In digital marketing, budgets are often small and companies don’t have enough time and resources to test out different versions of an ad campaign. This is where Rephrase.ai found a problem it could fix. “We help companies create multiple versions of the same video at a very reasonable cost and very, very quickly. And they are then able to run all of these different videos on social media and see what works best for them,” said the founder.
While pooling in revenues from these use-cases, the company plans to further develop its AI algorithms to progressively add more variations such as multiple emotions, hand gestures, head movements, different camera angles and dramatically different backgrounds.
“With each of these small tech jumps, you’re going to see us get a step closer to the virtual movie idea,” Malhotra said.
Facing Competition In Two Markets
Since Rephrase.ai has its eyes mainly on the marketing content use-case, it has to contend with competition from established players such as Vidyard, Loom, Wochit, Animoto and Wibbitz, among others. Though these platforms too automate video creation at scale with multiple variations such as text, background tracks, visual templates etc, they can’t be used to generate videos of human models using AI.
On the synthetic media front, a London-based startup Synthesia, founded in 2017, offers the same set of features as Rephrase.ai. Moreover, it also boasts of a funding kitty of over $4 Mn and a stellar list of clientele such as Reuters, WPP, McCann, BBC and Accenture. In comparison, the Bengaluru-based startup has raised $1.5 Mn in seed funding led by Lightspeed Ventures and AV8 Ventures — and has yet to reveal any major clients.
However, generative AI startups are still in the early stages and most of these offer text, voice or animation-based solutions. While GPT-3 is the best example of the text generating AI, voice synthesis is something that companies like IBM, Google, Amazon and Apple have mastered over time with their text to speech engines.
Using AI to create human-like characters is generally done by creating a 3D character and projecting movements of body parts on it, which leads to the uncanny valley problem where the models look very close to real humans and yet there’s a difference which can make people feel uneasy.
The way this problem is dealt with is VFX where multiple camera angles are shot of a model and then the footage is reconciled with the animated character which turns out to be an expensive affair. “Now instead of something which used to cost a hundred thousand dollars, and require dedicated VFX artists, we’re able to make it affordable for everyday use cases across a bunch of other different industries and across a bunch of different sized companies,” said Malhotra.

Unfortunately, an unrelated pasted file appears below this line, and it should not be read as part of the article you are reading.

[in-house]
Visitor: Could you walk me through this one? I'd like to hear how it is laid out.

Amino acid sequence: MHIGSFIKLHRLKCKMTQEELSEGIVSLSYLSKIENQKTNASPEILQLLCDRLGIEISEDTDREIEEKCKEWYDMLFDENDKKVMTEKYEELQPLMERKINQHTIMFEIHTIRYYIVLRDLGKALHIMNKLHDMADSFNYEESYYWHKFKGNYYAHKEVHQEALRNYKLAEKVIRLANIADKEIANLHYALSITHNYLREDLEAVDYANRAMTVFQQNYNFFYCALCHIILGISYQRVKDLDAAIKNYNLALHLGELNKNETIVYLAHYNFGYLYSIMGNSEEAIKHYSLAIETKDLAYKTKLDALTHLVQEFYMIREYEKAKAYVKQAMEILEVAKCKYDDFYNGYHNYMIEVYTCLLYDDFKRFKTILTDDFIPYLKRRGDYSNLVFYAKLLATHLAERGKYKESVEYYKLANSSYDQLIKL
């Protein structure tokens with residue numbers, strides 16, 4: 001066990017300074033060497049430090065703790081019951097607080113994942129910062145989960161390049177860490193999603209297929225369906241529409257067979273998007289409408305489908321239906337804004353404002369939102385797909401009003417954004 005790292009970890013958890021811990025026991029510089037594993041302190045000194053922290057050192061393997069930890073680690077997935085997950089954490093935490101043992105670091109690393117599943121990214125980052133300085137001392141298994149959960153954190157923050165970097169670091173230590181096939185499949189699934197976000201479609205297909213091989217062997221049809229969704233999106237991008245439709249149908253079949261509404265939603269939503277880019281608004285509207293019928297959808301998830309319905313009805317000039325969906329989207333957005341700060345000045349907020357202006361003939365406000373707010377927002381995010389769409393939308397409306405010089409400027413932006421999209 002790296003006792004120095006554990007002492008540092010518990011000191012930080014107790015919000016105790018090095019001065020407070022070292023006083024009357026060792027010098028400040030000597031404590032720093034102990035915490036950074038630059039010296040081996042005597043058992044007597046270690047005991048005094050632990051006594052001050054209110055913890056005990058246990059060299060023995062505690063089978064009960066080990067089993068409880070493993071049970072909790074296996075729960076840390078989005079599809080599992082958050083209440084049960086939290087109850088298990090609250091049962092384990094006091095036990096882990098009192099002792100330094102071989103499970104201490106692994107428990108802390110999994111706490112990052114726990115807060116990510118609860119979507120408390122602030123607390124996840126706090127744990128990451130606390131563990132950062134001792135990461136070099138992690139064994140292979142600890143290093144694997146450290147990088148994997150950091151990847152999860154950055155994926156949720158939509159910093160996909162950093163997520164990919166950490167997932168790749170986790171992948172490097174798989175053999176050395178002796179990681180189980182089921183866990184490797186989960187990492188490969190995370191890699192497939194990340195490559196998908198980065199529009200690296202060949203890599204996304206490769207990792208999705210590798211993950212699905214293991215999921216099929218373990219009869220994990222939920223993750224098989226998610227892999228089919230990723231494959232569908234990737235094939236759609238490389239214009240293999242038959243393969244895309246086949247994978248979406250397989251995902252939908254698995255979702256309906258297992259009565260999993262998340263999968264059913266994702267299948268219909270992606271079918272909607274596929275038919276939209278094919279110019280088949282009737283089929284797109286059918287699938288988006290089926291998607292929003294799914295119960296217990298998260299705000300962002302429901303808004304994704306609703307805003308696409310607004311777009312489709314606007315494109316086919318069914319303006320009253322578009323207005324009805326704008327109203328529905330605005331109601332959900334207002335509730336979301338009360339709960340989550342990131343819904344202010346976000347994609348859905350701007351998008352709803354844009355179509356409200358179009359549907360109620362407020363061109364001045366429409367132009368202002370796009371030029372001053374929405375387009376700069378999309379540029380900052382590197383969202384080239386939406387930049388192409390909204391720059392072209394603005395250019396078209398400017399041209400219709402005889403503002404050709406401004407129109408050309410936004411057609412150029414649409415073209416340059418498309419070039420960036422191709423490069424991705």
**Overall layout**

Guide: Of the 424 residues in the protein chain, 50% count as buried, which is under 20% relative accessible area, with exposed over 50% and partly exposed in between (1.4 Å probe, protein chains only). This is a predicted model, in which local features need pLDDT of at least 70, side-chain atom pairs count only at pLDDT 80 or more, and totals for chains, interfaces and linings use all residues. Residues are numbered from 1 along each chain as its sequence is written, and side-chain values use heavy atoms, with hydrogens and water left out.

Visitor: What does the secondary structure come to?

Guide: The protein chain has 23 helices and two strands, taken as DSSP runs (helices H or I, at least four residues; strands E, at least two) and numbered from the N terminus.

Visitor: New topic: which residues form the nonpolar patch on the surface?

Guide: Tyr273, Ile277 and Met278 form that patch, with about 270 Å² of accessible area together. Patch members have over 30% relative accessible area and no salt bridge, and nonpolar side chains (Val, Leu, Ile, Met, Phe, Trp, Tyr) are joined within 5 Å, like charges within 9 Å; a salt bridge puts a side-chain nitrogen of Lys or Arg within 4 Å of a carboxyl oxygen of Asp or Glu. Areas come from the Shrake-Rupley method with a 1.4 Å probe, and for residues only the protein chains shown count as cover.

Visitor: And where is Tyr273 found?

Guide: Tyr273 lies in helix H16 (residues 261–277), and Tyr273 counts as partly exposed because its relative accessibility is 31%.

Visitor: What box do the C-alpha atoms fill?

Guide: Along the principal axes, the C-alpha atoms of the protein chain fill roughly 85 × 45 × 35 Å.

Dealing With The Danger Of Fake Videos
Every company that creates media using AI is faced with the problem of deep fakes — content that can be real to the point of misleading the audience into believing in its authenticity. According to a Georgetown University report, the Russian disinformation ploy in the 2016 US presidential election could be a template for both foreign governments and non-state actors to use AI/ML deepfakes that destabilise countries.
Since the accepted definition of deepfakes is limited to swapping facial expressions, body movements or dialogue between two characters, Rephrase.ai technology doesn’t technically fall under the deepfake category.
But what’s to stop a user from manipulating hundreds of hours of camera facing footage and audio tracks of political leaders to create a fake video? Malhotra said that the startup doesn’t allow any political content to be created on its platform and businesses are made to sign an agreement to not use it for any ulterior motives.
Besides, all requests for video creation are monitored by the company as of now and as the number of videos produced on the platform scales up, Rephrase.ai would deploy technology to track all the content generated. Moreover, though companies are allowed to onboard footage of their own sales representatives to the platform, each of those are vetted by the startup.
“As founders we left our earlier jobs because we see that there’s a big enough commercial value for good uses of this technology. And that’s where we want to build the company,” said Malhotra.